Heterotopic ossification after cervical total disc replacement: determination by CT and effects on clinical outcomes

Clinical article

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Heterotopic ossification (HO) after cervical total disc replacement (TDR) has been reported to impede artificial disc motion. In all previously reported cases of HO, assessment was based on plain radiographs. The authors hypothesized that CT scan is a more sensitive and accurate detector. The aims of this study were to assess the actual incidence of HO and its effect on outcome in a cohort of patients undergoing cervical TDR with the Bryan disc and to compare HO detection by means of plain radiographs and CT.


The authors retrospectively assessed data from medical records, radiological studies, and clinical evaluations of patients who underwent 1- or 2-level cervical TDR with the Bryan disc and were followed up for more than 12 months. The presence and grading of HO according to the McAfee classification were assessed by CT scan, and these findings were compared with findings on plain radiographs. Thirty-six patients (mean age 46.61 ± 7.24 years; range 29–60 years; 21 men and 15 women) who underwent Bryan TDR at 52 levels were included in the study. The mean duration of CT follow-up was 19.03 ± 4.64 months; the mean duration of clinical follow-up was 26.78 ± 7.20 months.


On the basis of CT, HO was identified in 18 (50%) of 36 patients and 25 (48.1%) of 52 levels treated. Grade 1 HO was present in 9 of the levels treated (17.3%), Grade 2 in 13 levels (25.0%), Grade 3 in 2 levels (3.8%), and Grade 4 in 1 level (1.9%). Nineteen (76%) of the 25 affected levels were in patients who had undergone 2-level TDR. There was no significant association with patient sex or disc pathology. There was a tendency for HO development among older patients, but this finding was not statistically significant (mean age 48.8 ± 6.8 in patients with HO vs 44.4 ± 7.2 in those without HO, p = 0.065). Although HO was found in 25 levels, 96.2% of the treated levels (50 of 52) had segmental range of motion on dynamic (flexion and extension) radiographs. The concordance between HO grading by CT and radiography was high, with an intraclass correlation coefficient of 0.822 (lower limit of 95% CI: 0.710, p < 0.001). Patients who had HO had the same clinical success rate as those who did not (94.4% vs 94.4%, p = 1.00). The visual analog scale scores for neck and arm pain were significantly improved in both the HO and the non-HO group.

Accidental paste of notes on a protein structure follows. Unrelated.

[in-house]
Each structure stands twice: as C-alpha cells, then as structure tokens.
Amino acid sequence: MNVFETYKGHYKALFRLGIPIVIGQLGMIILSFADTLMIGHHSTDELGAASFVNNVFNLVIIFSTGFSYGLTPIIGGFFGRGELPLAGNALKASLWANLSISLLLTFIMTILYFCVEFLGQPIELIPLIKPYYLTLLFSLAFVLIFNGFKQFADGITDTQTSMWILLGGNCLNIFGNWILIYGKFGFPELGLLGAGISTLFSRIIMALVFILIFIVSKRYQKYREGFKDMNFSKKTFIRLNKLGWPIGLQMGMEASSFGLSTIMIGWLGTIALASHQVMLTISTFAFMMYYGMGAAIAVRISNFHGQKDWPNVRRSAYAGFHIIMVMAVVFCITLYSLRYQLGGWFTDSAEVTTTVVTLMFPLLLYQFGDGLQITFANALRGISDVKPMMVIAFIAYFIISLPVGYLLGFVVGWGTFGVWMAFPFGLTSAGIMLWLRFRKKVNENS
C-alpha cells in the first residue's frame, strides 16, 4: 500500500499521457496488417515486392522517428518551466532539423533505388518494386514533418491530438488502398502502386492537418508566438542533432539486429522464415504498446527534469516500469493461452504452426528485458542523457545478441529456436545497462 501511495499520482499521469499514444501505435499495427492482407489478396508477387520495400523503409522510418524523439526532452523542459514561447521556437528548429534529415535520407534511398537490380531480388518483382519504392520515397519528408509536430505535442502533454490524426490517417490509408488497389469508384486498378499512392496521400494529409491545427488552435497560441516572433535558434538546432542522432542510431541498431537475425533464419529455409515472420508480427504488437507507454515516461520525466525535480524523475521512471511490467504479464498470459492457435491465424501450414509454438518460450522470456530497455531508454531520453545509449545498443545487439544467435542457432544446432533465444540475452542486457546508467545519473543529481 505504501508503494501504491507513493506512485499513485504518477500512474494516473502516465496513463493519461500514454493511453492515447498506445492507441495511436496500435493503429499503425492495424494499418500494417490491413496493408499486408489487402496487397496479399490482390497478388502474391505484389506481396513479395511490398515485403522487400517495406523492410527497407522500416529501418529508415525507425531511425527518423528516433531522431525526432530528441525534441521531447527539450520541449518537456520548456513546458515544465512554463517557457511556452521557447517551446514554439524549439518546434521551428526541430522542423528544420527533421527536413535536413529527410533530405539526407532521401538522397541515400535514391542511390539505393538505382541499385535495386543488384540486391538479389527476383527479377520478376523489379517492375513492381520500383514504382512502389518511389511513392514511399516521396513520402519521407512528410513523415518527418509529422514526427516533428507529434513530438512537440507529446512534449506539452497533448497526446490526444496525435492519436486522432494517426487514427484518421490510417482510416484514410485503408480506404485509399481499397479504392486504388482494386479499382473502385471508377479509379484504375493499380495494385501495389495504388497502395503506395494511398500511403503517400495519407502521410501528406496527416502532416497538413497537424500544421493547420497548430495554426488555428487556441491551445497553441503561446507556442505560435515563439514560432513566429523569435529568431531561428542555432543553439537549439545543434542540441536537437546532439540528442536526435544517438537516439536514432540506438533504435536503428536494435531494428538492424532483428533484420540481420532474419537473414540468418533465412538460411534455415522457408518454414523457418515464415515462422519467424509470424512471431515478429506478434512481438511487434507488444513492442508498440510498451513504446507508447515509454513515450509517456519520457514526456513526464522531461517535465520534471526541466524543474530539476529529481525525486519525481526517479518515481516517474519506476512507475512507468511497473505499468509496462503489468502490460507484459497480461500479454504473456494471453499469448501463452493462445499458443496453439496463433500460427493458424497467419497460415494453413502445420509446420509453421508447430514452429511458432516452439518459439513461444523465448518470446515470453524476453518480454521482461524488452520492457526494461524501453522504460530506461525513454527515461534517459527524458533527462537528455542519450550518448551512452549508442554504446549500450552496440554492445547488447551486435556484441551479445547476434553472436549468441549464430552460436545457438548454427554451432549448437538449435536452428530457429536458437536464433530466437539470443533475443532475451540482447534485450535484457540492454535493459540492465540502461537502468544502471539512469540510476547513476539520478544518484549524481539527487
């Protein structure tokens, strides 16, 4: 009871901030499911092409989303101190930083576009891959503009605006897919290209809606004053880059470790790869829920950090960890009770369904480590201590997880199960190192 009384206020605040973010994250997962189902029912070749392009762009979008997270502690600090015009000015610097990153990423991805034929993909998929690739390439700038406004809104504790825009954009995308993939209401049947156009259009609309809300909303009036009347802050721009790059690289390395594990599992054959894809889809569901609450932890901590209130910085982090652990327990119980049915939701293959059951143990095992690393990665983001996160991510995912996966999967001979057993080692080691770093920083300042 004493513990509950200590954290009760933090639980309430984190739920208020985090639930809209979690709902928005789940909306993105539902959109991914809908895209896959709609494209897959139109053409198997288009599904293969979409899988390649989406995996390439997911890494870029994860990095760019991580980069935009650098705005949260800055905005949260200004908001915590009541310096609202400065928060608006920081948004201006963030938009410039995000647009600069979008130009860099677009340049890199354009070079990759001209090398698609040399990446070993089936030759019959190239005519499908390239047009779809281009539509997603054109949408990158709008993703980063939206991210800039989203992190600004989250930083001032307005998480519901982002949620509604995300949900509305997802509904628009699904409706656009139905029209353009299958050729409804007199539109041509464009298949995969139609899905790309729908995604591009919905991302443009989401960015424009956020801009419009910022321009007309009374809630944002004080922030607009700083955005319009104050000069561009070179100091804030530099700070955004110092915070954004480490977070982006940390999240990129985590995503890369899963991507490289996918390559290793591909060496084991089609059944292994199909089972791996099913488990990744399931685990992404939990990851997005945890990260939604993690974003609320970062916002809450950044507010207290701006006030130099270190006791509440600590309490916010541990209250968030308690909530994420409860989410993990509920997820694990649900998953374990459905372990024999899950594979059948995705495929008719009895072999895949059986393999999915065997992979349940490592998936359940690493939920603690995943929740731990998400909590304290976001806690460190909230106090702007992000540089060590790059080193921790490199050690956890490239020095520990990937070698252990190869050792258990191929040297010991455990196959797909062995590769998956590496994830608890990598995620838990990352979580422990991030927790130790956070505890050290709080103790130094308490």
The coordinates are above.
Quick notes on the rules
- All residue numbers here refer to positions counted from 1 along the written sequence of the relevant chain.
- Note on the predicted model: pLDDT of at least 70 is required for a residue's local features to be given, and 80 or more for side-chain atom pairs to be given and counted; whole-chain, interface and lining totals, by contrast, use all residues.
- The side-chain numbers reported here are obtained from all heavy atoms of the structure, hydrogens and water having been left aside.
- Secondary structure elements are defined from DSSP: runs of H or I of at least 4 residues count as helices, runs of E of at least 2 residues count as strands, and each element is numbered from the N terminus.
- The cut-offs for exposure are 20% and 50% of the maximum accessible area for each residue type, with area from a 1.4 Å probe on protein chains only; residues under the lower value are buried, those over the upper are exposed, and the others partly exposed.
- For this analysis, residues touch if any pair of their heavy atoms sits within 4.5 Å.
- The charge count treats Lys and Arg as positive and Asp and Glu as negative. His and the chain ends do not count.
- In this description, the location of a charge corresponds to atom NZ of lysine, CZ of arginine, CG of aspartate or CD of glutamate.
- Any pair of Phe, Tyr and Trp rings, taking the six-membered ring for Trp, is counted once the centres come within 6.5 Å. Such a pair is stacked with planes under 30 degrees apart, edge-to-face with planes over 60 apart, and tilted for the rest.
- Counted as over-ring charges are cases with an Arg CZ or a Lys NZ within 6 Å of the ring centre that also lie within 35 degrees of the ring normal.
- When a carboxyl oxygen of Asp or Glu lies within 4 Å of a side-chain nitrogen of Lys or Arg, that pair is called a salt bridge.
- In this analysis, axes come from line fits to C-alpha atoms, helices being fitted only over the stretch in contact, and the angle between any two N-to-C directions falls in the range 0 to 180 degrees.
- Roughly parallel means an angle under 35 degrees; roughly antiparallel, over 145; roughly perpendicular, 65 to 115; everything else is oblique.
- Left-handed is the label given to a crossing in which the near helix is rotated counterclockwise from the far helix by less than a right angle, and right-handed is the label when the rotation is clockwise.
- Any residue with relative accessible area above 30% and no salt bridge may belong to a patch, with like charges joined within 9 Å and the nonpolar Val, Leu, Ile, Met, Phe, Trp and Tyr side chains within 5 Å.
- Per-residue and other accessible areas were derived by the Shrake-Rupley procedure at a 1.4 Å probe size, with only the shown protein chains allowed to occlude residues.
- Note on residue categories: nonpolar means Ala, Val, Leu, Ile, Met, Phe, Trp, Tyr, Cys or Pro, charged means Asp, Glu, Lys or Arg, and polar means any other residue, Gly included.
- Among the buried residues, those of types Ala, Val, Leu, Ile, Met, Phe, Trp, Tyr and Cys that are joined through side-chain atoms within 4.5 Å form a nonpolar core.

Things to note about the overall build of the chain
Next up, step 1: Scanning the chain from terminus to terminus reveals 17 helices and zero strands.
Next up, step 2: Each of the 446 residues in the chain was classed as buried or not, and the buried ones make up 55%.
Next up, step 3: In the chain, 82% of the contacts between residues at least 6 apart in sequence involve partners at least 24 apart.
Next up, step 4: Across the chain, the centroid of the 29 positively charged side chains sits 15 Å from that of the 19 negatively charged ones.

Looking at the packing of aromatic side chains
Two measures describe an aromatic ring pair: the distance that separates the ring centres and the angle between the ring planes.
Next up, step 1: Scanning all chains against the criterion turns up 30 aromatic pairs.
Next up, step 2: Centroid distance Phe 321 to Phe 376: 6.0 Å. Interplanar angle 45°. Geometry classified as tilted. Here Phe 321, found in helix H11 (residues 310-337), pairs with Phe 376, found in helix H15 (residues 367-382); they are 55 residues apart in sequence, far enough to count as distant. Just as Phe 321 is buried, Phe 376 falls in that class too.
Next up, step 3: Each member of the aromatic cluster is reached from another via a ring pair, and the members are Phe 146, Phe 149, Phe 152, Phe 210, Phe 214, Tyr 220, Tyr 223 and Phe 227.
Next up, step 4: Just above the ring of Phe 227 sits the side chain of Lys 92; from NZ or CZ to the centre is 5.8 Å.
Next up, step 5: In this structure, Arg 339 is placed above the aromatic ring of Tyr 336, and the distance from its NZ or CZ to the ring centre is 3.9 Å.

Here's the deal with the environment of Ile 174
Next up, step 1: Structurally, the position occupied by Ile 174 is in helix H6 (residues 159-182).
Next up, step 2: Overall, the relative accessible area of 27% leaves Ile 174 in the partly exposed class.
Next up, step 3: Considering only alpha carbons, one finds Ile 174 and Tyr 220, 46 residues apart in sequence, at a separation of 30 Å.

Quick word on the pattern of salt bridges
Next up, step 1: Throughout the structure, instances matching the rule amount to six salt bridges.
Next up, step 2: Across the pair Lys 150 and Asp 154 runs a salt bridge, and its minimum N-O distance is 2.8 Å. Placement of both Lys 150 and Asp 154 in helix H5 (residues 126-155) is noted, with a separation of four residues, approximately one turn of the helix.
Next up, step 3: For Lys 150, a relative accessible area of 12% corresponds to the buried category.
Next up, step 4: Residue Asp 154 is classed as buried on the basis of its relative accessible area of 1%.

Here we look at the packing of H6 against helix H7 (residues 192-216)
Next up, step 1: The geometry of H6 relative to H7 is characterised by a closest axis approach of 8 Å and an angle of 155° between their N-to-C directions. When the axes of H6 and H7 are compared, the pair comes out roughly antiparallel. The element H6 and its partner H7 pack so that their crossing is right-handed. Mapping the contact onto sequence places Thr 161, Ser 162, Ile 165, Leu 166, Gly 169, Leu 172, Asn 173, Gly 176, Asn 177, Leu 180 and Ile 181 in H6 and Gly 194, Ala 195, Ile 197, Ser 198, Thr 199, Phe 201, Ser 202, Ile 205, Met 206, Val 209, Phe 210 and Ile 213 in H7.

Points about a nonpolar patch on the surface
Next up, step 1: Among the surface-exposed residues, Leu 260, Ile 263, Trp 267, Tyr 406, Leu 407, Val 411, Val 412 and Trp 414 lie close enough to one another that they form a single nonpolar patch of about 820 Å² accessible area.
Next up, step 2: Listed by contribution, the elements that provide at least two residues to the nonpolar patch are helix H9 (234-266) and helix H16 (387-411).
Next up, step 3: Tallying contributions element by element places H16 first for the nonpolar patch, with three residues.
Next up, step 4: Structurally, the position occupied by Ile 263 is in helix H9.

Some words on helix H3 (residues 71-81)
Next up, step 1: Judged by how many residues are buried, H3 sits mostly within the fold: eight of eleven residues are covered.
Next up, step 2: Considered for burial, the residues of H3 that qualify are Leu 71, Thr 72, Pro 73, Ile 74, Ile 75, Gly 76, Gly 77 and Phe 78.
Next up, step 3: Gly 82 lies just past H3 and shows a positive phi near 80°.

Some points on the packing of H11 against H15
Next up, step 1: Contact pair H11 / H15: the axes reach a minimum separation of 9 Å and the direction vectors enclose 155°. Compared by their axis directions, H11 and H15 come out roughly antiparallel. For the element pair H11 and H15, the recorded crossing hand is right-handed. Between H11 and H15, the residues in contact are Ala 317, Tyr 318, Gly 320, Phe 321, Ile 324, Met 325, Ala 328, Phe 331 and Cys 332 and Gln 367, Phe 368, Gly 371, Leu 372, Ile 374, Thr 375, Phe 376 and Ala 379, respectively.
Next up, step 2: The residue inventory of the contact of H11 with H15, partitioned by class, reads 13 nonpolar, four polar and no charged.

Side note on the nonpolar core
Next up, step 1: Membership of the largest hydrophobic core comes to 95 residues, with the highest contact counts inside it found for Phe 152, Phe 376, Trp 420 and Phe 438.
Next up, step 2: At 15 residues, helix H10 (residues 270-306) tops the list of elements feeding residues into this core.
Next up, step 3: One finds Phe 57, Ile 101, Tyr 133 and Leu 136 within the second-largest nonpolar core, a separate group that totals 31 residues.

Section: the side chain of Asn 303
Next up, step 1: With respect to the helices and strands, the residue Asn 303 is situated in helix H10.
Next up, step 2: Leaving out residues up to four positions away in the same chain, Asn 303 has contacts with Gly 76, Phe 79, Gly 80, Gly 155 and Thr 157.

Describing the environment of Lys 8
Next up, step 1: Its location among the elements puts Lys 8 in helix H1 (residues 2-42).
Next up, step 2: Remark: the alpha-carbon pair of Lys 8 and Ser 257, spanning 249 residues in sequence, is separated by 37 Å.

The rate of HO detected by CT scan in this cohort of patients undergoing cervical TDR with a Bryan disc was 48.1% per level treated and 50% per patient with minimal limitation of segmental motion (96.2% of levels remained mobile), but plain radiograph is an acceptable detection tool. Two-level surgery has a higher risk of HO, although development of HO does not affect clinical outcome.

Abbreviations used in this paper: ACDF = anterior cervical discectomy and fusion; ASD = adjacent-segment disease; HO = heterotopic ossification; NSAID = nonsteroidal antiinflammatory drug; TDR = total disc replacement; VAS = visual analog scale.

Article Information

Address correspondence to: Jau-Ching Wu, M.D., Neural Regeneration Center, Department of Neurosurgery, Neurological Institute, Taipei Veterans General Hospital, Room 509, 17F, No. 201, Shih-Pai Road, Sec. 2, Beitou, Taipei 11217, Taiwan. email: jauching@gmail.com.

Please include this information when citing this paper: published online February 4, 2011; DOI: 10.3171/2010.11.SPINE10444.

© AANS, except where prohibited by US copyright law.



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    Bar graph showing distribution of treated levels and presence of HO by level.

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    Mean VAS scores for neck and arm pain. Error bars represent SDs. Asterisk represents significant difference compared with preoperative level for both the HO and the non-HO groups (p < 0.001 and p < 0.001, respectively). There were no significant between-group differences at 12 and 24 months after surgery.

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    Plain radiographs and CT images obtained in a 59-year-old female patient. A and B: Preoperative anterior-posterior (A) and neutral lateral (B) radiographs showing a normal cervical lordotic curve and alignment. C and D: Postoperative lateral extension (C) and flexion (D) radiographs demonstrating Grade 4 HO at the C4–5 level (white arrow) with loss of segmental mobility and Grade 2 HO at the C5–6 level (black arrowhead) with preserved segmental mobility. E and F: Right (E) and left (F) sides of the sagittal reformatted CT imaging study obtained 18 months after C4–5 and C5–6 TDR. G and H: The axial CT images at the C4–5 (G) and C5–6 (H) levels confirming the ventral and dorsal bridging ossification, HO (Grade 4), and showing the dorsal Grade 2 HO (black arrow) at the C5–6 level, which was not seen on plain radiographs.

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    Dynamic plain radiographs and CT scans obtained in a 40-year-old female patient 20 months after C5–6 and C6–7 TDR. A and B: Lateral extension (A) and flexion (B) radiographs showing loss of segmental mobility at the C6–7 level and Grade 2 HO (black arrows). C–E: Sagittal (C) and coronal (D) reformatted CT scan and axial CT scan (E) demonstrating arthrodesis in the left C6–7 facet (white arrows) with immobilization of the C6–7 segment.



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